By Ken Kruly
When the Erie County Water Authority was created in 1949, county government hardly resembled the government we know today. A 54-member Board of Supervisors managed the government with no executive office. The authority was created because there was no significant county administrative structure in place that could manage drawing water from the lake, making it pure and safe to drink, and delivering it to its customers. Erie County government in the 21st century handles much larger functions than those carried out by the ECWA.
Legislation has been suggested to abolish or reform the authority, but nothing has been done to indicate that the state Legislature is so inclined. The Legislature has adjourned for the year. So here is a two-step local alternative that would signal the seriousness of county officials about seeing real changes made.
Section 1053 of the state Public Authorities Law, part of the ECWA’s enabling legislation, provides the following: “The members of the authority shall receive such compensation for their services as shall be fixed by the board of supervisors.”
Required action, therefore, is quite simple. A one-sentence resolution could cancel out stipends for ECWA commissioners, setting their compensation at zero, like most other public agencies. This action will save the ECWA’s customers $67,500 per year plus related payroll taxes and contributions to the state retirement system.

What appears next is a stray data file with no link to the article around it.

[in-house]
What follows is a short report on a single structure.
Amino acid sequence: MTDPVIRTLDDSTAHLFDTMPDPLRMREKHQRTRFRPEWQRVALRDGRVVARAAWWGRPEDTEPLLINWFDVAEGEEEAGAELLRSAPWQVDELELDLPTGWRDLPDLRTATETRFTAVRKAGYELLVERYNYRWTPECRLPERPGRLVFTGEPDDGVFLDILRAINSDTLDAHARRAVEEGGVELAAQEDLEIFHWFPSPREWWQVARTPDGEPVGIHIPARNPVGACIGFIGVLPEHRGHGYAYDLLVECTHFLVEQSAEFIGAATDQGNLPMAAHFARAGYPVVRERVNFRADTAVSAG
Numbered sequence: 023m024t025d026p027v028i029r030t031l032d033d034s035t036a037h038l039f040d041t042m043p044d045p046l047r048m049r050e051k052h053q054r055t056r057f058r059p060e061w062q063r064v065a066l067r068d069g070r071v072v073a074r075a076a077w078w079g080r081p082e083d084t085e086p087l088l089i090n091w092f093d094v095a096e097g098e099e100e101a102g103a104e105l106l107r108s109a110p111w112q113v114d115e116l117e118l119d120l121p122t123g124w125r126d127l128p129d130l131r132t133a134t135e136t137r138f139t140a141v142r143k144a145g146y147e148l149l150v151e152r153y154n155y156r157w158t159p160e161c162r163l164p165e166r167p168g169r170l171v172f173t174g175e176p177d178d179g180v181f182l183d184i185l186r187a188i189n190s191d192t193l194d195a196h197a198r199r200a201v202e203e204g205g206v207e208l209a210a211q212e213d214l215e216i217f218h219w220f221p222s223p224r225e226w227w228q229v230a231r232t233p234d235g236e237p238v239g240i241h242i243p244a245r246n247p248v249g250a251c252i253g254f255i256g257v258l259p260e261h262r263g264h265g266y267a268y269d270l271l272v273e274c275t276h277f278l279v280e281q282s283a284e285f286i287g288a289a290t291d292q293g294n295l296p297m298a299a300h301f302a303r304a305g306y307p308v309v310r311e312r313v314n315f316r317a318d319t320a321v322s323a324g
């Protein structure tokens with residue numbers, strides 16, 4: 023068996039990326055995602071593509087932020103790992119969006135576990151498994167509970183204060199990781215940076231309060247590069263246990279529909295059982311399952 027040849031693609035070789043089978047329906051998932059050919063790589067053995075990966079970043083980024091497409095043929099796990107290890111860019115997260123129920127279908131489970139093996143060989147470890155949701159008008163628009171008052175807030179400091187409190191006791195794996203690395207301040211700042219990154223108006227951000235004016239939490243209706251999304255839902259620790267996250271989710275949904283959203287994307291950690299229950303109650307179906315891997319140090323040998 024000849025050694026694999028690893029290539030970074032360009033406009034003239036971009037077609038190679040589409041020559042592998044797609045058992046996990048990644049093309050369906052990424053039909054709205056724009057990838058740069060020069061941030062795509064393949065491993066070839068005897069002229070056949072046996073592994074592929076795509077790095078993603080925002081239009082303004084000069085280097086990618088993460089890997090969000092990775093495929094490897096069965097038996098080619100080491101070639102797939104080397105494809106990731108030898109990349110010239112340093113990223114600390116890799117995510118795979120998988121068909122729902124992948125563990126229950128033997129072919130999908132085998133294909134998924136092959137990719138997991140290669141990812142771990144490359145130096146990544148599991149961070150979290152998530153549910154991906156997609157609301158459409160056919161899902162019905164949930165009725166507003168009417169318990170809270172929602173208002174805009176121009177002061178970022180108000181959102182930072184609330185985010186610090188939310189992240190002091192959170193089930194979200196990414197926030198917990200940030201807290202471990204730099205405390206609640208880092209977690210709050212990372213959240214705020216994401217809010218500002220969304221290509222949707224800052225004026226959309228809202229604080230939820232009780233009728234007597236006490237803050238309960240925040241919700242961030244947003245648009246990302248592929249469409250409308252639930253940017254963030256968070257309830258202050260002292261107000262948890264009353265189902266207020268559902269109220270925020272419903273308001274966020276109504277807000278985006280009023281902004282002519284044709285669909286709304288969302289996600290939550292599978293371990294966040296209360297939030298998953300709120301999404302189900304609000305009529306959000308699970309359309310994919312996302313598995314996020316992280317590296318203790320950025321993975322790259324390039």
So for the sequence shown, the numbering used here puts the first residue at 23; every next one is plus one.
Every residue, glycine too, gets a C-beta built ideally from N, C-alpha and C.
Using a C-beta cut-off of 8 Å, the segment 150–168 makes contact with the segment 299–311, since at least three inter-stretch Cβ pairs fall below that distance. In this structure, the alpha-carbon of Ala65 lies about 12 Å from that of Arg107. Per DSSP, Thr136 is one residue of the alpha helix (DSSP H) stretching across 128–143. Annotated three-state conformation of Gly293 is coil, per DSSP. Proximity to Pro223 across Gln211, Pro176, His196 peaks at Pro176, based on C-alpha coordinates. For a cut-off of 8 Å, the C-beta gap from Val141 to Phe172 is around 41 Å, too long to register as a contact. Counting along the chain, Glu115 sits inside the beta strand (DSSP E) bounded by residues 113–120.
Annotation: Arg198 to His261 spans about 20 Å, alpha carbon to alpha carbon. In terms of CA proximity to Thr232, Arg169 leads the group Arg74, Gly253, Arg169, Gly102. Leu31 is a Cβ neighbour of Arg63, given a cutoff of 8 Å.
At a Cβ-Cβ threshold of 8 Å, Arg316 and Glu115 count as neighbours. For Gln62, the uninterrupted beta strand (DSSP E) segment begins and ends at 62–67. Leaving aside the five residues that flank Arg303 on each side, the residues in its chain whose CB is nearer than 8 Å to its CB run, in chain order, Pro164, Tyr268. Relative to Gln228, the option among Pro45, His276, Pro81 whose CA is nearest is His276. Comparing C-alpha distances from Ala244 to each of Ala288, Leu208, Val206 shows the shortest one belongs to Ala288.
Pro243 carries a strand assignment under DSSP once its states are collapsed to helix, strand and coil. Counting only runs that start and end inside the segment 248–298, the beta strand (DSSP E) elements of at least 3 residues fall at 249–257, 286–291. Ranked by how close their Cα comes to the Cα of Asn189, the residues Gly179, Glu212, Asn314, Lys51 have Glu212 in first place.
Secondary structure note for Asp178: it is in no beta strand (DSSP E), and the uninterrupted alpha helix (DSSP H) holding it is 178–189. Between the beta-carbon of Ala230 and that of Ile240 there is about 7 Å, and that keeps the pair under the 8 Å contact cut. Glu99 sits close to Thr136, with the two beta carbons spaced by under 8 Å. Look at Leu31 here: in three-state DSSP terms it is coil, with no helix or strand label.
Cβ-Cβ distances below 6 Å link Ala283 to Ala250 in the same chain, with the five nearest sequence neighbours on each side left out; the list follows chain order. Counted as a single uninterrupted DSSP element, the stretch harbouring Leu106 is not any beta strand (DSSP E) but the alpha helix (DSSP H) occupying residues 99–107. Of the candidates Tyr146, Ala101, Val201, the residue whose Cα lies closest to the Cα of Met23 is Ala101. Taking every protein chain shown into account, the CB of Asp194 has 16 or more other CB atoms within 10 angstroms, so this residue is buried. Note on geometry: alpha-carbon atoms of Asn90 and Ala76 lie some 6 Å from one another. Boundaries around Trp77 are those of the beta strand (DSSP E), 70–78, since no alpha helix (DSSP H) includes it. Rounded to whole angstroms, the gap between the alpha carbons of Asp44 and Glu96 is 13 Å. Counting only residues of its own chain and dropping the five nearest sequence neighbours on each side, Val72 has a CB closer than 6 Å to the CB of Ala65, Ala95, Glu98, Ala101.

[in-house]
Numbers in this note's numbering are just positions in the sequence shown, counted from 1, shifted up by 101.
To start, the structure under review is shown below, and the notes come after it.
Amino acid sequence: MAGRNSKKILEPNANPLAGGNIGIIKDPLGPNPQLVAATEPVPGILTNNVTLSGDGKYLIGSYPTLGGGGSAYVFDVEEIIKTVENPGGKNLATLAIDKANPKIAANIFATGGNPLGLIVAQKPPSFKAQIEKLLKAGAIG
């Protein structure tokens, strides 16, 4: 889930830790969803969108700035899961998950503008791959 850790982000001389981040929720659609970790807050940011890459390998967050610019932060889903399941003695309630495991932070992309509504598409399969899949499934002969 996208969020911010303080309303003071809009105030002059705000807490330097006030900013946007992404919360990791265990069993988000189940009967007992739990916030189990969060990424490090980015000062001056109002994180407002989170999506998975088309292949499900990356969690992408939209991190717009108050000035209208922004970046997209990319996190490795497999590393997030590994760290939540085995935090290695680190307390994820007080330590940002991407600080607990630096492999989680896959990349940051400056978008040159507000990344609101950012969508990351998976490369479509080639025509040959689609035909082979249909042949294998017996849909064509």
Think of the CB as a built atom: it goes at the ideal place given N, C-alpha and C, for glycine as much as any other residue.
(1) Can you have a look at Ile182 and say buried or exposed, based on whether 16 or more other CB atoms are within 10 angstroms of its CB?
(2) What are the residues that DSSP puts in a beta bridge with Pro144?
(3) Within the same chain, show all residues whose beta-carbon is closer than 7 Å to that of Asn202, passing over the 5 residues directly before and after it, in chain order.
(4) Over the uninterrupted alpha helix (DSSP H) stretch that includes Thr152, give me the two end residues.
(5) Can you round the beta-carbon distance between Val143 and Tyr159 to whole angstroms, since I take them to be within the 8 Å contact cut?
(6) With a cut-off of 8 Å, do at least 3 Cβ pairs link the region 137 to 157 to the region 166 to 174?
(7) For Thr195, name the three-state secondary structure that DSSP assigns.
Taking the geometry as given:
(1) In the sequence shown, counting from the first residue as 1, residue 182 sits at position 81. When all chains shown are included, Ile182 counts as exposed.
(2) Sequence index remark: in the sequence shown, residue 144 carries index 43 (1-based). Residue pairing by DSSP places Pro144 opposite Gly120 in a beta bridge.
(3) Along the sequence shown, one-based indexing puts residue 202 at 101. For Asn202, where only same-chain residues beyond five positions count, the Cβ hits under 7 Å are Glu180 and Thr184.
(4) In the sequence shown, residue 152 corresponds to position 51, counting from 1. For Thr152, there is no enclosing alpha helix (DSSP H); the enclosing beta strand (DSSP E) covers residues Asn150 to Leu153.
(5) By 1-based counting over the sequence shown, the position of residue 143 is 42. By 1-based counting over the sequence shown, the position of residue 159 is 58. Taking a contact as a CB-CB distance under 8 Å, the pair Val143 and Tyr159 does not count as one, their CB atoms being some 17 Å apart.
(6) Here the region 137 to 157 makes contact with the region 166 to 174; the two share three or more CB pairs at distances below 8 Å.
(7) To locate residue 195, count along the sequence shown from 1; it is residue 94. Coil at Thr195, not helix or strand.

The second step is more complicated, but with the right buy-in by county officials and the ECWA, the process is doable, locally, without waiting for the state Legislature to act.
Section 1053.2 of the Public Authorities Law, again a part of the ECWA’s enabling act, provides the following: “The authority and its corporate existence shall continue for a period of twelve years from the twenty-seventh day of April, nineteen hundred forty-nine, and thereafter until all its liabilities have been met and its bonds have been paid in full or such liabilities or bonds have otherwise been discharged and thereupon all rights and properties of the authority shall pass to and be vested in the county of Erie.”
This means that if the bonded debt of the ECWA was paid off or has “otherwise been discharged,” the authority, having no debt, would pass out of existence and operations of the authority would transfer to county government.
The county could offer to pay off the authority bonds, with arrangements then made to allocate the repayment of the new county bonds to the customers of the current Water Authority – something that those customers are already doing through their current billings. The authority would then become a part of the county government.
This will not be a simple transaction, but there is a path forward on this – a locally controlled path that can accomplish something that will save money while improving services and accountability. All it takes, in the interest of the residents and businesses of Erie County, is some cooperation.
Ken Kruly formerly served as Erie County budget director and as a member of the Erie County Fiscal Stability Authority.
Story topics: water authority